I searched the top of the ash tree for the bird. There! A flash of movement. I focused my binoculars onto a small bird with a yellowish front. Unquestionably, a Yellow-throated Vireo. But then, unexpectedly, a second one came into view! A pair! As I watched them, I realized they were near a nest; a nest hanging from a small branch, exactly the way vireos tend to build their nests.



A suspected Yellow-throated Vireo nest. Photo credit: Gabriel Foley

It’s difficult to describe the elation I felt finding this. I’ll return in a week or so, and see if the pair are still there and if they’re using the nest. If they are, it will be only the second time breeding by this species has been confirmed in the province. I can hardly wait.




I returned to the location I had seen the vireo pair two weeks later. The ash was more leafed out, so I had to walk back and forth a few times to reorient myself and find the branch I had seen the nest in. Finally, I saw it; a soft, woolly, hanging nest. I put my binoculars on it, and was delighted to see an adult in the nest. Confirming that the pair was indeed using this nest to breed in Saskatchewan meant that I had found just the second record of an occupied Yellow-throated Vireo nest in the province, and the first in nearly thirty years. I’m sure you can imagine my excitement, but if you can’t, let me assure you: it was palpable to say the least.

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A Yellow-throated Vireo sitting on its nest, the second record for Saskatchewan and the first since 1990. Photo credit: Gabriel Foley

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To me, there are two birds that signal spring. One is the Red-winged Blackbird, and the other is the gull. Here in Saskatchewan, Ring-billed Gulls typically arrive first but are closely followed by California Gulls. It’s late March and I haven’t heard any red-wings yet, but last Wednesday I saw my first gulls of the year when a flock of six flew overhead. Each evening since, I’ve gone down to Wascana park to watch as the gulls gather on the ice to roost for the night. There are now somewhere around 1,500 gulls, circling and clamouring nightly over the open areas of water. Most are Ring-billed Gulls, perhaps a third are California Gulls, and there are a couple of Herring and Franklin’s Gulls mixed in as well.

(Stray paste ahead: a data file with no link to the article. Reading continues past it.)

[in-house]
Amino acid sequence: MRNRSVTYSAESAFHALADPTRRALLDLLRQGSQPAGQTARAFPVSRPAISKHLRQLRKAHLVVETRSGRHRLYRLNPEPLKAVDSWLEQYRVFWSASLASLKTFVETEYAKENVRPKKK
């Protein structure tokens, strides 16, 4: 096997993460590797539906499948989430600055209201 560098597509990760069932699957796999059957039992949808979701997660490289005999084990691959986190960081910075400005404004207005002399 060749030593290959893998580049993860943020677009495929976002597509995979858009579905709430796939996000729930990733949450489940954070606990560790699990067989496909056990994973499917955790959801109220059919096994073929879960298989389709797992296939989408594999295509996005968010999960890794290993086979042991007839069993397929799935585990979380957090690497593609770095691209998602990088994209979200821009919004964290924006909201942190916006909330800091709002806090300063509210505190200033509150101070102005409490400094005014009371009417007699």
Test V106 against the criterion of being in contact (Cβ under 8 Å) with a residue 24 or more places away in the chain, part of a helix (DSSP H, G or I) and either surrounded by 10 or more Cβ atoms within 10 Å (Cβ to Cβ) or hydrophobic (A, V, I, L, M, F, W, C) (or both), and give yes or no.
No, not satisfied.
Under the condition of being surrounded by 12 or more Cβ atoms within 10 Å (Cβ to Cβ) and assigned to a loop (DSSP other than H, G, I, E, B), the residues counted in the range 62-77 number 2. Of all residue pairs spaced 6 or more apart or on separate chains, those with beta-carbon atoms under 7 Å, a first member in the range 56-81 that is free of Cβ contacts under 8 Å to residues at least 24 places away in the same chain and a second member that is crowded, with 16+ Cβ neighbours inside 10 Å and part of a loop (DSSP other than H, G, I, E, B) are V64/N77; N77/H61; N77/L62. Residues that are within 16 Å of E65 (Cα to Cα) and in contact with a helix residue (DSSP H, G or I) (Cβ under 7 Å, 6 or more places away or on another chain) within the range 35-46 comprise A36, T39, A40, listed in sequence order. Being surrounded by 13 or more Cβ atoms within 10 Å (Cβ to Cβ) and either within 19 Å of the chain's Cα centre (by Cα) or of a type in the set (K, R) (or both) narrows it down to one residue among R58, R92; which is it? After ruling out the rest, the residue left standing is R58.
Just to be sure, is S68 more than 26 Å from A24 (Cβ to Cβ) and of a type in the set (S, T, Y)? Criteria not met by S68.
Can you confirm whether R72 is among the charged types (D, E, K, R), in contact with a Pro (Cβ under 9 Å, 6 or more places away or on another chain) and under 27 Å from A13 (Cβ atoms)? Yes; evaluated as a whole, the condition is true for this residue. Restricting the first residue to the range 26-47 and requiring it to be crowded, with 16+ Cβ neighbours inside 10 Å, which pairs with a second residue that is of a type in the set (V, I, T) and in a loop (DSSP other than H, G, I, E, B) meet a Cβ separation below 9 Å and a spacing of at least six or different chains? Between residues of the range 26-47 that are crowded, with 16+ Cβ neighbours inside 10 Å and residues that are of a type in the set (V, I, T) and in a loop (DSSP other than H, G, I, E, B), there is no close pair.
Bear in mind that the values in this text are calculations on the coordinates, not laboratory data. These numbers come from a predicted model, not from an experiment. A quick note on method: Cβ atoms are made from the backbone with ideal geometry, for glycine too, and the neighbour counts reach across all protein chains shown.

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A Laughing Gull flies overhead. Photo credit: Gabriel Foley


Gulls often get a bad rap. They’re everywhere, it seems, eating things that we have thrown away into dumpsters and landfills. And they’re boisterous, squabbling noisily over every scrap. They’re so commonplace, it can be easy to overlook them. But if you’ve ever stopped to watch them – really watch them – you may just find that they’re beautiful, fascinating birds.



An evening gull roost at Wascana Park, Regina. Photo credit: Gabriel Foley


Adult gulls generally have white plumage topped with a grey back. They are excellent fliers, seamlessly soaring and twisting and diving through the air. They have adapted to most open environments, despite being so well suited for an aquatic life. They often form enormous flocks, and their courtship behaviours, in my opinion, are beautiful to watch. We may think of them as being an urban bird, but they breed throughout the continent, often in extremely remote locations. Some of the most difficult birds to see that breed in Canada are gulls, like the Ross’s Gull or the Ivory Gull. And that’s another thing: there is no ‘seagull’. Worldwide, there are fifty-six species and together they form one of the most taxonomically interesting groups of birds there is. When given the opportunity, many species of gulls will readily hybridize with each other, increasing the complexity of an already-difficult group of birds. Their moult cycles, propensity to wander, and subtle fieldmarks combine to make gulls a devilishly challenging group of birds to identify.



A mixed flock of Ring-billed, California, and Herring Gulls. Photo credit: Gabriel Foley


Gull aficionados, or ‘Larophiles’, as they call themselves, are a subculture of birding unto themselves. A quick Google search will reveal several groups dedicated to nothing but the enjoyment and identification of gulls. You may not be quite ready to identify as a Larophile after hearing me extol the virtues of gulls, but I hope the next time you see one wheel overhead, you notice how swift and smooth its flight is and how striking the contrast of dark grey on clean white is, and that this enjoyment of a small part of our natural world makes you smile.


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A California Gull’s dark eye imparts them with a ‘don’t mess with me’ attitude. Photo credit: Gabriel Foley

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Cardinal chase